A tough dual ply casing will put up with enduro thrashing in big mountains. Overall this tire is a great choice for blasting down steep terrain at speed.

Beware rock gardens though as you may get bounced around a bit. Available for 26 inch and 27.5 inch wheels.

Best For: Steep and muddy enduro. Tubeless.

Michelin Wild Mud Advanced Magi-X at a Glance:

  • Tubeless Ready: Yes
  • Size(s): 27.5″
  • Width(s): 2.35″
  • Best For: Wet & muddy trails
  • Rating: 3.8 / 5.0

Only use these tires in the mud. They are very slow and sluggish in the dry but so very grippy in the wet! The knobs have two “layers” to cut through mud and the twisted layout of the layers straightens out under load before springing back again to throw off any stuck mud.

The 2.35 inch width may not seem much but it will cut through mud to find grip below. A very soft compound gives amazing confidence on wet roots and rocks.

The reinforced casing means that this tire can handle a beating, so aggressive trail riding or enduro are where it will shine…as long as the trails are muddy.

Best For: mud, mud, mud and more mud. Enduro or trail riding anywhere that is muddy and slippery. Tubeless.

Maxxis Chronicle MTB Tire at a Glance:

  • Tubeless Ready: Yes
  • Size(s): 27.5″
  • Width(s): 3.0″
  • Best For: All around use
  • Rating: 4.0 / 5.0

If you have a plus bike, the Maxxis Chronicle is a great tire for all round use. It is 3 inches wide and available in 27.5 or 29 inch wheel sizes.

It has a fast rolling set of centre knobs with a triangular shape for acceleration as well as braking traction. For cornering there is a more aggressive set of shoulder knobs with transition knobs in between.

The top of the knobs have small cut out sections. These are not siping but help mud and snow to fall off rather than stick and clog.

While there are more aggressive treads available but the Chronicle can be used in pretty much all conditions.

Best For: Plus bike riding. Front and rear. Tubeless.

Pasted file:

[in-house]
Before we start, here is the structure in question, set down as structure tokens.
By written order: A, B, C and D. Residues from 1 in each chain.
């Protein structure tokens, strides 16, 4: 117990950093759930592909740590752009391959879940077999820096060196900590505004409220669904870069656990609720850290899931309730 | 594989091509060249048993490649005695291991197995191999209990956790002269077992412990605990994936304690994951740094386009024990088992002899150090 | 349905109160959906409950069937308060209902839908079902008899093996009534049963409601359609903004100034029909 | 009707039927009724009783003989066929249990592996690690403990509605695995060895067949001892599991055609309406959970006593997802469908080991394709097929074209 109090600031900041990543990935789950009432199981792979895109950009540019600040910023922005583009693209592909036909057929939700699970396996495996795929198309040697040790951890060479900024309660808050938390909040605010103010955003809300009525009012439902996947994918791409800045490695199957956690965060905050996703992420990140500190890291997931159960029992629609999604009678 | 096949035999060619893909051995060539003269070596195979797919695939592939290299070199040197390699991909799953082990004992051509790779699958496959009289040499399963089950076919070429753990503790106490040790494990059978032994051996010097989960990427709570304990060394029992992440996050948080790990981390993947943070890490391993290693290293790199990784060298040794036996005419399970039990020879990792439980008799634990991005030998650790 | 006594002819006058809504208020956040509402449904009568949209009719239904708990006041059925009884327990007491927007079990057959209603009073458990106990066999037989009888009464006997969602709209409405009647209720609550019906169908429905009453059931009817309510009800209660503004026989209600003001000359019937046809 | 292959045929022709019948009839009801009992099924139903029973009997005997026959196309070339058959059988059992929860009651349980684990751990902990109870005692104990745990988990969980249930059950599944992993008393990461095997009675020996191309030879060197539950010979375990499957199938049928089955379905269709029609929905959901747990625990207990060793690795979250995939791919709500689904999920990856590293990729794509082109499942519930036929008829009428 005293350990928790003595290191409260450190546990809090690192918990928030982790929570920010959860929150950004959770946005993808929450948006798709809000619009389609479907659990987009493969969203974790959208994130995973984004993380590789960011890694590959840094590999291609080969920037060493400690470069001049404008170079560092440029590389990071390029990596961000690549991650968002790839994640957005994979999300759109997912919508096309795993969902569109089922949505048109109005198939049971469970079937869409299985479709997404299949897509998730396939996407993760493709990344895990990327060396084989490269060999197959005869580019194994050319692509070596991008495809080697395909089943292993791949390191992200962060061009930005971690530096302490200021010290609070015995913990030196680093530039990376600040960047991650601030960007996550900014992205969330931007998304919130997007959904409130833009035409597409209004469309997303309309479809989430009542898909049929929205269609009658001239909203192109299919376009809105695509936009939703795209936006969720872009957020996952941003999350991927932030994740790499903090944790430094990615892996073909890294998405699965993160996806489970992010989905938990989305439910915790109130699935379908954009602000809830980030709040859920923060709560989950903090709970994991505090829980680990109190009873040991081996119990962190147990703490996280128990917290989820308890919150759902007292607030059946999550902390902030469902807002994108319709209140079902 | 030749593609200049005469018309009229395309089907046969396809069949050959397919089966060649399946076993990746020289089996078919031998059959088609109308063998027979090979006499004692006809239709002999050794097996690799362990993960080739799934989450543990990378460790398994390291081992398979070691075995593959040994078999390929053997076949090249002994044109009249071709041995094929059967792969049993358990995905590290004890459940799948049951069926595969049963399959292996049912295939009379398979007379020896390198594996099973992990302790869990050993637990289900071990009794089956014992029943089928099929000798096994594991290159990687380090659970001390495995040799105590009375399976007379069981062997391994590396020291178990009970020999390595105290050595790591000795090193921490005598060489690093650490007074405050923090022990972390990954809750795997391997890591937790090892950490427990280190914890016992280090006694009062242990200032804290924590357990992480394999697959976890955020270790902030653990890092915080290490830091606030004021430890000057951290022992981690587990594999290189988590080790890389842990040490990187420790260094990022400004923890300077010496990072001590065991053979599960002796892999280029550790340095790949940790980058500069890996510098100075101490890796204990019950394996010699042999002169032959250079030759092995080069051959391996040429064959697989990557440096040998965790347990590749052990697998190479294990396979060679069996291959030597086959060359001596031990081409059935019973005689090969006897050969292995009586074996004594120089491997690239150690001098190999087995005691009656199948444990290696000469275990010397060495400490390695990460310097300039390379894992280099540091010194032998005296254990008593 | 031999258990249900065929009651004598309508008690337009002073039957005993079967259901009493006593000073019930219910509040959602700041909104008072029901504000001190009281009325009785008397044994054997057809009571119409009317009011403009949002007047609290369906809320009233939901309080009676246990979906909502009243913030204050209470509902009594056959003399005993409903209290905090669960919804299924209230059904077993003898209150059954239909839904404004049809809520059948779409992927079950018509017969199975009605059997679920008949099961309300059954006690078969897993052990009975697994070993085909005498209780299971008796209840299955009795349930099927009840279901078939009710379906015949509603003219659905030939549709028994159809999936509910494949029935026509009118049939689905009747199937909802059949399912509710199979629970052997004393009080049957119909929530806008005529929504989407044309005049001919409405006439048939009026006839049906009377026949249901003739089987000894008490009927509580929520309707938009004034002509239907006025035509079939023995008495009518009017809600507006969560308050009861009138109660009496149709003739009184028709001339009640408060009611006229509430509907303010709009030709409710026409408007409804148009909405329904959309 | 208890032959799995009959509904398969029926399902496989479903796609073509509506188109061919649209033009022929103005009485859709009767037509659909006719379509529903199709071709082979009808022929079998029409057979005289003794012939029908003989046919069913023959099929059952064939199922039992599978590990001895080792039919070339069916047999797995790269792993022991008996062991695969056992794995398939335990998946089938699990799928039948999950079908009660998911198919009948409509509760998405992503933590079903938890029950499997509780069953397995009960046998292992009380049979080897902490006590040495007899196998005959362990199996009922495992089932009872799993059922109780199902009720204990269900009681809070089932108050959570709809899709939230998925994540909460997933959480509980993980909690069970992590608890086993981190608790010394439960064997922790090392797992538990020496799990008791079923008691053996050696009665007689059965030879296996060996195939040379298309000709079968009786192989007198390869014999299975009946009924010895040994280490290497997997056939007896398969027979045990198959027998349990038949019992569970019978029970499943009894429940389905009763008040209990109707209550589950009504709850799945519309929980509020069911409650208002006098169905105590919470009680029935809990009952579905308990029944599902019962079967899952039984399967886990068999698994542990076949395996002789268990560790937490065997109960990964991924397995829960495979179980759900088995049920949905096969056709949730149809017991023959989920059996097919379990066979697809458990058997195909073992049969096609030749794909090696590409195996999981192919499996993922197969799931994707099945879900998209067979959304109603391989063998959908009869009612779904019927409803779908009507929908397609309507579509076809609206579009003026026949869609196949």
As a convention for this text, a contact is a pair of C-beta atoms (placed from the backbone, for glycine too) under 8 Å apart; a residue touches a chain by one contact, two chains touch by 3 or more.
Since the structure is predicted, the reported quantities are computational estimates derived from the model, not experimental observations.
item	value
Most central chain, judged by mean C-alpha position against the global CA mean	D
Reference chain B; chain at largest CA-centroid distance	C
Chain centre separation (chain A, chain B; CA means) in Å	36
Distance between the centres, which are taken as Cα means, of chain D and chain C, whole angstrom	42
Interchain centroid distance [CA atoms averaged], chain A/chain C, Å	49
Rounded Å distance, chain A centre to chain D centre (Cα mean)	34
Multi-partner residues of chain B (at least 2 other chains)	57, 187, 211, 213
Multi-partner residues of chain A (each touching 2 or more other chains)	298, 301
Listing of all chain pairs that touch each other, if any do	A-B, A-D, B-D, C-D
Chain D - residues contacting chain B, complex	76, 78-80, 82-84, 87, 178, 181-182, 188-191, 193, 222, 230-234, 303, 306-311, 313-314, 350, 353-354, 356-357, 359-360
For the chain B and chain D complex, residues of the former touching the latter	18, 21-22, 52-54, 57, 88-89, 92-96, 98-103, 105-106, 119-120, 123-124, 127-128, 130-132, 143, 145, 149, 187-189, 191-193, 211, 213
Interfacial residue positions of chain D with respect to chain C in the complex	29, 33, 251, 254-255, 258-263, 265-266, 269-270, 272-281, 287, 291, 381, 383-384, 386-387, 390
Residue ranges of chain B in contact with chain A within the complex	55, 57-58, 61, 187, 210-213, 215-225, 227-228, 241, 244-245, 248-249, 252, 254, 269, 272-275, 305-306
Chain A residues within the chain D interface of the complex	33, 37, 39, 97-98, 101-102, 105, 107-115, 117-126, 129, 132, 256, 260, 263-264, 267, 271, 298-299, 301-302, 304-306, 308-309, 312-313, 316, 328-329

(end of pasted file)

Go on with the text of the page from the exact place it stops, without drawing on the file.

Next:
SCHWALBE Rock Razor Snake Skin at a Glance:

  • Tubeless Ready: Yes
  • Size(s): 26″, 27.5″
  • Width(s): 2.35″
  • Best For: Enduro, Downhill, Racing
  • Rating: 4.0 / 5.0

Available in all two wheel sizes, the Rock Razor is a semi-slick (very shallow centre knobs with bigger side knobs) 2.35 inch wide rear tire for aggressive trail, enduro and downhill riding and racing.

The nature of a semi-slick tire means that it is only suitable for dry conditions. As its name suggests, the Rock Razor excels in rocky terrain.

The small center knobs are slightly ramped and the side knobs are siped to maximize cornering grip.

The design means that you can accelerate fast and corner hard, but there is not much braking traction available. You can also easily get the Rock Razor to drift if you do not lean it all the way over onto the shoulder knobs.

A variety of casings and compounds are available.

Best For: Dry rocky trails. Front tire only. Tubeless.

Mountain Bike Tire Comparison

Mountain Bike Tire TypeSize(s)Width(s)Best ForRating
Schwalbe Racing Snake SkinTubeless26
Mostly dry cross country3.8 / 5.0
Michelin WildROCK'R2 TireTubeless26
2.35Dry, loose and dusty trail or enduro riding5.0 / 5.0
Maxxis Minion DHF EXO TRTubeless27.5
2.6Wet and dry trail or enduro use4.9 / 5.0
Continental Der Baron Projekt 2.4Tubeless26
2.4Wet, muddy trail riding4.8 / 5.0
SCHWALBE Jumbo Jim EvolutionTubeless26
All round fat biking5.0 / 5.0
SCHWALBE Nobby Nic EvoTubeless26
XC and trail in mixed conditions3.9 / 5.0
WTB Warden 2.3 TCS Tough/HighTubeless26
2.3Steep and muddy enduro5.0 / 5.0
Michelin Wild Mud Magi-XTubeless27.52.25Enduro or trail riding in mud4.5 / 5.0